Its phosphate level reaches well over 30% complete with generous amounts of trace elements. It also remains largely unchanged after application. 

14. Greensand

Greensand is a popular type of iron potassium silicate which causes any mineral it appears in to have a slight greenish tint.

It can be found in an ancient seabed in New Jersey and is heavily rich in many minerals that add dozens of micronutrients into the soil. 

15. Alfalfa Meal

Alfalfa meal is normally a major part of livestock diets, but grinding it up for faster breakdown gives the resulting fertilizer low amounts of nitrogen, potassium, and phosphorus.

This makes it a slower acting variety best used as a soil conditioner in early spring. 

16. Cottonseed Meal 

Cottonseed meal is stuffed with nitrogen, phosphorus, and potassium and it’s great for conditioning gardens.

The earlier it’s used, the more it breaks down into the soil for better distribution of its elements. The only problem is that it’s a slow-acting variety. 

17. Soybean Meal  

High in nitrogen, low in phosphorus and calcium, soybean meal works depending on local growing conditions. These factors determine how quickly it’ll be absorbed by the soil.

It can be anywhere from slow to moderate speed, but it’s great for use as a long term soil conditioner. 

18. Feather Meal 

Very high in nitrogen, but contains no calcium or phosphorus, with a moderate speed of absorption.

For best results, apply feather meal to the soil well in advance. The earlier you mix it in, the better conditioned the soil will be when it’s time to cultivate. 

19. Seabird Guano 

This is a unique one gathered from islands that are privy to low rainfall with hot, arid climates.

This type of environment helps the resulting seabird guano retain a high level of nutrients with trace elements mixed in.

You’ll find a lot of calcium, phosphorus, and nitrogen in it.

20. Seaweed 

This is one of the best ones because if you live near the coast, you can go and pick it up for free. It just washes ashore.

You’ll find small amounts of the three main nutrients mixed in, coupled with tons of zinc and iron.

These factors make seaweed highly sought after as a grain crop fertilizer, or anything requiring higher potassium.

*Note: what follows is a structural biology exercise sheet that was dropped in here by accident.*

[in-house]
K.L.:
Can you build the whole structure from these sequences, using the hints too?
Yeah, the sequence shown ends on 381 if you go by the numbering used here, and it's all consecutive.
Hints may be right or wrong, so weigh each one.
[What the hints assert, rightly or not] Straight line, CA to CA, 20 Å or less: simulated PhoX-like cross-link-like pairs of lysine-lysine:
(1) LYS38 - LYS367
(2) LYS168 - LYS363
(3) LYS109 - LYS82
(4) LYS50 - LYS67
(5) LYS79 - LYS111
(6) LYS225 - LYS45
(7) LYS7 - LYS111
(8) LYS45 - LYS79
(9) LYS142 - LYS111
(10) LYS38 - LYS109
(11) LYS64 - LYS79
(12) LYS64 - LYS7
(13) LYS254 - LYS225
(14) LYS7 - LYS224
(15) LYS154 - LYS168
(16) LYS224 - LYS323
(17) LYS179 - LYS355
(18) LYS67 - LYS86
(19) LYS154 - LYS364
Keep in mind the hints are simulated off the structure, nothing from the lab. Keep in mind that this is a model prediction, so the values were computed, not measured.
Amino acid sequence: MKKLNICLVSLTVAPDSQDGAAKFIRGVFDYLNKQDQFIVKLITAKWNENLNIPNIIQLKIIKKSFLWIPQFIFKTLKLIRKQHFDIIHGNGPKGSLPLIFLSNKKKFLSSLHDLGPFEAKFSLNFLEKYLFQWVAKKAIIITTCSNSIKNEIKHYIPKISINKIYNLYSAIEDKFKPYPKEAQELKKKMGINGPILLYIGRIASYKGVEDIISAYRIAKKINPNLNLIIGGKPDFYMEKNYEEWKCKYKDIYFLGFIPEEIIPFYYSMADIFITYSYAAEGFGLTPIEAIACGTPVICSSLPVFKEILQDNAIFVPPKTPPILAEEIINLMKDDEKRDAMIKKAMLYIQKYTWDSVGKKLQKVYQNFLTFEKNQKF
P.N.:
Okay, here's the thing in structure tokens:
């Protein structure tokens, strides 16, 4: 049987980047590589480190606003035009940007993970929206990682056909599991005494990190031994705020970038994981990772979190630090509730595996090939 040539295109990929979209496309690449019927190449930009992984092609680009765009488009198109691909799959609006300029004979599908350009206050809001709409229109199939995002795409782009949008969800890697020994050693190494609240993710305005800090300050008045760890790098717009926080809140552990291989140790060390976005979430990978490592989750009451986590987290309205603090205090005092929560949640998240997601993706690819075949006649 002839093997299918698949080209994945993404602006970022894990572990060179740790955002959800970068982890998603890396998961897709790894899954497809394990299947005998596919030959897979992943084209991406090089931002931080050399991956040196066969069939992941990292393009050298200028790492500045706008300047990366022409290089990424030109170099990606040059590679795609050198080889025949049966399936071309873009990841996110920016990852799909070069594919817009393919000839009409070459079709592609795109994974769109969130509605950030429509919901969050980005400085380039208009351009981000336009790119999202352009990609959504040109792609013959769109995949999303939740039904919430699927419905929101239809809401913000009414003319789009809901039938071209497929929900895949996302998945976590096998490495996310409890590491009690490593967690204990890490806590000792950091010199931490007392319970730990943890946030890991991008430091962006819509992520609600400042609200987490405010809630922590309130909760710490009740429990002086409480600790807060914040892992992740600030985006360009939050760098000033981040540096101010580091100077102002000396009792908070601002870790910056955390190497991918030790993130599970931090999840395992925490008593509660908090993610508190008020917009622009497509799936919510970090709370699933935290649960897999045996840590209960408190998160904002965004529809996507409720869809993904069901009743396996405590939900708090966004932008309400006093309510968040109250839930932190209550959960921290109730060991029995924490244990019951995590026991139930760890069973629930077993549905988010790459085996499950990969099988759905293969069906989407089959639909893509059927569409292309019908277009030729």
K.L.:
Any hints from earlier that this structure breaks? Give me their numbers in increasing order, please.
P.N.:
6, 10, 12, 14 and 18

21. Grass Clippings 

Another one you can get for free as long as you or someone you know owns a lawnmower, this one helps curb weed growth.

It’s difficult to calculate the amount of nitrogen in each batch, so spread it liberally across the soil for the best effect.

A layer of 1-2 inches should do the trick. Avoid cuttings from herbicide treated lawns, however. You’ll poison your garden. 

22. Limestone  

Depending on where you get it will determine what benefits you’ll reap from it.

Limestone is highly effective in balancing PH levels in the garden, especially highly acidic soil.

It also encourages the addition of magnesium, which assists in stronger, hardier plant growth. Just test your soil first before adding it.

23. Wood Ash 

You might not think of this one, but you should. Ash discarded after a wood fire in the hearth is a great natural fertilizer.

It’s a great choice for any low acidic gardens and it even helps to keep pests away like slugs and snails. 

24. Coffee Grounds

Used coffee ground is said to be a good one because it supplements organic matter to the soil, entices earthworms, and improves aeration and drainage.

It also contains a plethora of nutrients that are needed for plant health.

Sprinkle your waste coffee grounds (in limited amounts) around the base of your plants. For best results, mix it with other amendments or compost.

25. Green Teas 

Everyone knows the benefits of green tea, and soon your garden will, too.

Just mix any trimmed weeds to a bucket of water with green tea and let sit for three days before applying. 

26. Molasses 

People have been using this one in gardening practices for years. Different molasses types are created in different ways.

Blackstrap molasses has the most sulfur, magnesium, iron, calcium, and potassium and gives plants a power boost when applied.

Add 2-3 tablespoons of dry molasses to 1 gallon of warm water and spray on leaves or pour around roots.

Unsulphured blackstrap molasses can also be added to other fertilizer mixes. 

27. Urine 

You read that right. It’s been proven that urine from a healthy person is a highly clean and beneficial fertilizer.

It’s 95% water composed of vitamins and minerals that passed through naturally, as well as a metabolic waste called urea, which is extremely beneficial to growing plants.

If you’re a little squeamish, it’s okay. There are plenty of varieties of healthy plant foods and this is just one of them.

28. Gypsum

Gypsum is a naturally occurring mineral found concentrated in various places underground.

It is an excellent source of calcium and sulfur — important elements for improving crop yield and plant nutrition.

It also keeps the soil hydrated and helps prevent soil erosion.

29. Azomite

Azomite is a complex of naturally occurring micro-nutrients that are essential for cellular growth.

It is naturally derived from volcanic mineral deposits, and improves the vigor and root system of a variety of crops.


Make sure that any ingredients you add to your natural enrichment don’t contain other harmful chemicals, such as herbicides, as these will defeat the purpose.

As most of these are slow-release, the timing of when you use them is not as important as it is with inorganic fertilizers.

As with all the foods we eat, organic is best, so work hard to nourish your plants as you would nourish your body.

Sasha Brown